AREVA has installed the first-ever boiling water reactor (BWR) assemblies in the U.S. that features an 11×11 fuel rod array, the French nuclear giant revealed this September.
The new fuel design, the ATRIUM 11, has been used to produce power at two nuclear plants since April, though AREVA declined to name the reactors. However, the company told POWER that to date a total of 40 lead fuel assemblies are operating in five reactors in four countries. Including the two in the U.S., they have also been installed in Switzerland, Finland, and Germany since 2012.
AREVA—a company that has designed and manufactured fuel for both BWRs and pressurized water reactors (PWRs) for 40 years, but which also suffered record losses in 2014—is determined to return to profitability by refocusing on its core nuclear power business. The announcement marks a major milestone for its fledgling lead fuel assembly design, which it says will provide higher intrinsic safety margins. AREVA is also developing the GAIA fuel assembly design for PWRs in parallel with the ATRIUM 11. There is substantial interest in both designs in Europe and in the U.S., the company said.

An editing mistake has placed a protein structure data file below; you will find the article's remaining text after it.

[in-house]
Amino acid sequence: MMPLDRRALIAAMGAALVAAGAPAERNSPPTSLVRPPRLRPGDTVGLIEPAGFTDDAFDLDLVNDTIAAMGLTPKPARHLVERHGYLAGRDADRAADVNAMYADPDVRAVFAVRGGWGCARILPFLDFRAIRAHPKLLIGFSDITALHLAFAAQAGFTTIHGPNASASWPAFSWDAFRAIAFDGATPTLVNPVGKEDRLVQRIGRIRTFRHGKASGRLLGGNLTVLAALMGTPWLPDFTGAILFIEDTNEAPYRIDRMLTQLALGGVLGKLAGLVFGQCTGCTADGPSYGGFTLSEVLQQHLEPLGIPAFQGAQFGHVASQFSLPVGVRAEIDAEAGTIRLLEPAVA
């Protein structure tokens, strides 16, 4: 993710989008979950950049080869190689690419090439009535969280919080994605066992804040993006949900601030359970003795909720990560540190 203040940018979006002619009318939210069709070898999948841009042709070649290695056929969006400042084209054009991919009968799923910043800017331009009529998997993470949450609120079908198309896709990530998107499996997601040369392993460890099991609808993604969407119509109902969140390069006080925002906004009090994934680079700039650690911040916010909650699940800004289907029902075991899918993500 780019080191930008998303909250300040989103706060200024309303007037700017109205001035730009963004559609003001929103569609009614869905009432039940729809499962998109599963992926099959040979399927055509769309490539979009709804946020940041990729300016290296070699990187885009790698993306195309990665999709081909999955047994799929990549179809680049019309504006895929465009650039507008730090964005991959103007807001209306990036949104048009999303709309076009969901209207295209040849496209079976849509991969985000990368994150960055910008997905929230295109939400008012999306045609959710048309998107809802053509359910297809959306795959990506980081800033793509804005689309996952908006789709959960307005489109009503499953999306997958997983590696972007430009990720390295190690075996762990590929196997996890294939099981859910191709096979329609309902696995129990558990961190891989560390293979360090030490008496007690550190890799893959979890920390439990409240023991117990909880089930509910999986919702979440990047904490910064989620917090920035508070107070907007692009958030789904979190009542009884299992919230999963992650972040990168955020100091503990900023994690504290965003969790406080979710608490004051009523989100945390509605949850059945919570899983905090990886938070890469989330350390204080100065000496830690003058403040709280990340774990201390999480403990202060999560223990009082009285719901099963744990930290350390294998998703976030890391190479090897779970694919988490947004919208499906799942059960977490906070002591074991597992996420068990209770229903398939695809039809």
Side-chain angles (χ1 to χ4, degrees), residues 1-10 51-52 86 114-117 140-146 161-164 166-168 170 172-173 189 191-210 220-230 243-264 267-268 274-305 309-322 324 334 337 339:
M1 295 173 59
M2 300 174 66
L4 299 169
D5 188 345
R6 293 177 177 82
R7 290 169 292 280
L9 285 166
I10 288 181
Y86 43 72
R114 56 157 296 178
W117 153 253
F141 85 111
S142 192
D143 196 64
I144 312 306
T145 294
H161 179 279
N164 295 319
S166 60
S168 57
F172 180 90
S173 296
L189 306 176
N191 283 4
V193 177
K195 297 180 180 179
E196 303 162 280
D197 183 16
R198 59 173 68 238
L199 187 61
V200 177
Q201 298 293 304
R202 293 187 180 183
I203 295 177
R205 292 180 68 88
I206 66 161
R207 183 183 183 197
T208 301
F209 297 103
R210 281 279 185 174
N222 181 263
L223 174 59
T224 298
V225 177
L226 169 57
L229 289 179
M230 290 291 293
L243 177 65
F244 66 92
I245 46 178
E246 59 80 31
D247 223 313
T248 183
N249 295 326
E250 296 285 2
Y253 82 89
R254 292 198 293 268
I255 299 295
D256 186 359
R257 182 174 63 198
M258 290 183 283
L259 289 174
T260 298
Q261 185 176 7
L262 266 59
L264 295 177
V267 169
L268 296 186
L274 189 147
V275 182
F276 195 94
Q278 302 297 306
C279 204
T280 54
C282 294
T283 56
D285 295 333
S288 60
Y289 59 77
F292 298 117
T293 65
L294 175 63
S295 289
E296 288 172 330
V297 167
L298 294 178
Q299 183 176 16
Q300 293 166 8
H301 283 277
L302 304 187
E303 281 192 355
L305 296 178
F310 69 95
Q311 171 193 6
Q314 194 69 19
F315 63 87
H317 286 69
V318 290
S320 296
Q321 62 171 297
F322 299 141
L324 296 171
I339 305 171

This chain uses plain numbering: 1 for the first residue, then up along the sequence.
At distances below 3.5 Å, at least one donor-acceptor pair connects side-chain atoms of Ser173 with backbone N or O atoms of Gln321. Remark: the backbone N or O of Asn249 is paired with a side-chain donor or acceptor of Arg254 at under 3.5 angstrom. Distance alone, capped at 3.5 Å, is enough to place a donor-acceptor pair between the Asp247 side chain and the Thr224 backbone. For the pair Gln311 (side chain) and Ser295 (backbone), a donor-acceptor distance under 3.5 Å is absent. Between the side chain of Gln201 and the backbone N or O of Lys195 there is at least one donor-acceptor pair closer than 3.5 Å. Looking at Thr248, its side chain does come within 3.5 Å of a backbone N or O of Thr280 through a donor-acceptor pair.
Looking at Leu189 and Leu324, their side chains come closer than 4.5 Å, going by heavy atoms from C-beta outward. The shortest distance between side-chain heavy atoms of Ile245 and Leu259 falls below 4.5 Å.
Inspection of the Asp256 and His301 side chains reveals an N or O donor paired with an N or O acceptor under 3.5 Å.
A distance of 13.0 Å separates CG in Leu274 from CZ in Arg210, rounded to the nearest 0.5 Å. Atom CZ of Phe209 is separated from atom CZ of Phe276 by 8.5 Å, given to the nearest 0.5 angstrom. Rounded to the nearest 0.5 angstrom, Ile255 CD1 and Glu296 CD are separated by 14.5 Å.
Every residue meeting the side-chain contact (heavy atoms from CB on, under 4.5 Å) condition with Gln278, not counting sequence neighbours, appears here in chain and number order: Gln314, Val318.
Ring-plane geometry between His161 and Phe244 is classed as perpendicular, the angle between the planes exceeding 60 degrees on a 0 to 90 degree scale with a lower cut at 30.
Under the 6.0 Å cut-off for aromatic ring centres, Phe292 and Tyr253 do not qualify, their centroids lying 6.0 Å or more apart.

AREVA said that the fuel design improves safety by reducing fuel operating temperatures and peak cladding stress under operation. “When engineers balance the uranium loading and enrichment, the economic benefit is a bonus,” said AREVA spokesperson Curtis Roberts in September. Additionally, the new design offers better operational flexibility, which is valuable for plants that have implemented power uprates or optimized capacity factor operating strategies, he said.
“Since it has the same external dimensions, the ATRIUM 11 fuel design is installed identically to the existing fuel design operating in each reactor,” Roberts explained. “The fuel burns typically for three cycles and, following each cycle, post-irradiation examinations have been completed showing expected performance.”
The 16 lead fuel assemblies installed at the two unnamed reactors were manufactured at the company’s Richland, Wash., facility (Figure 5). “The completion of these real-life tests will allow delivery (in full-scale quantities) of the ATRIUM 11 design in 2017 in Europe, and 2019 in the U.S.,” said Roberts.
5. New nuclear fuel design.
AREVA’s Ken McKeown inspects an ATRIUM 11 fuel rod assembly bundle at the company’s fuel manufacturing facility in Richland, Wash. Courtesy: AREVA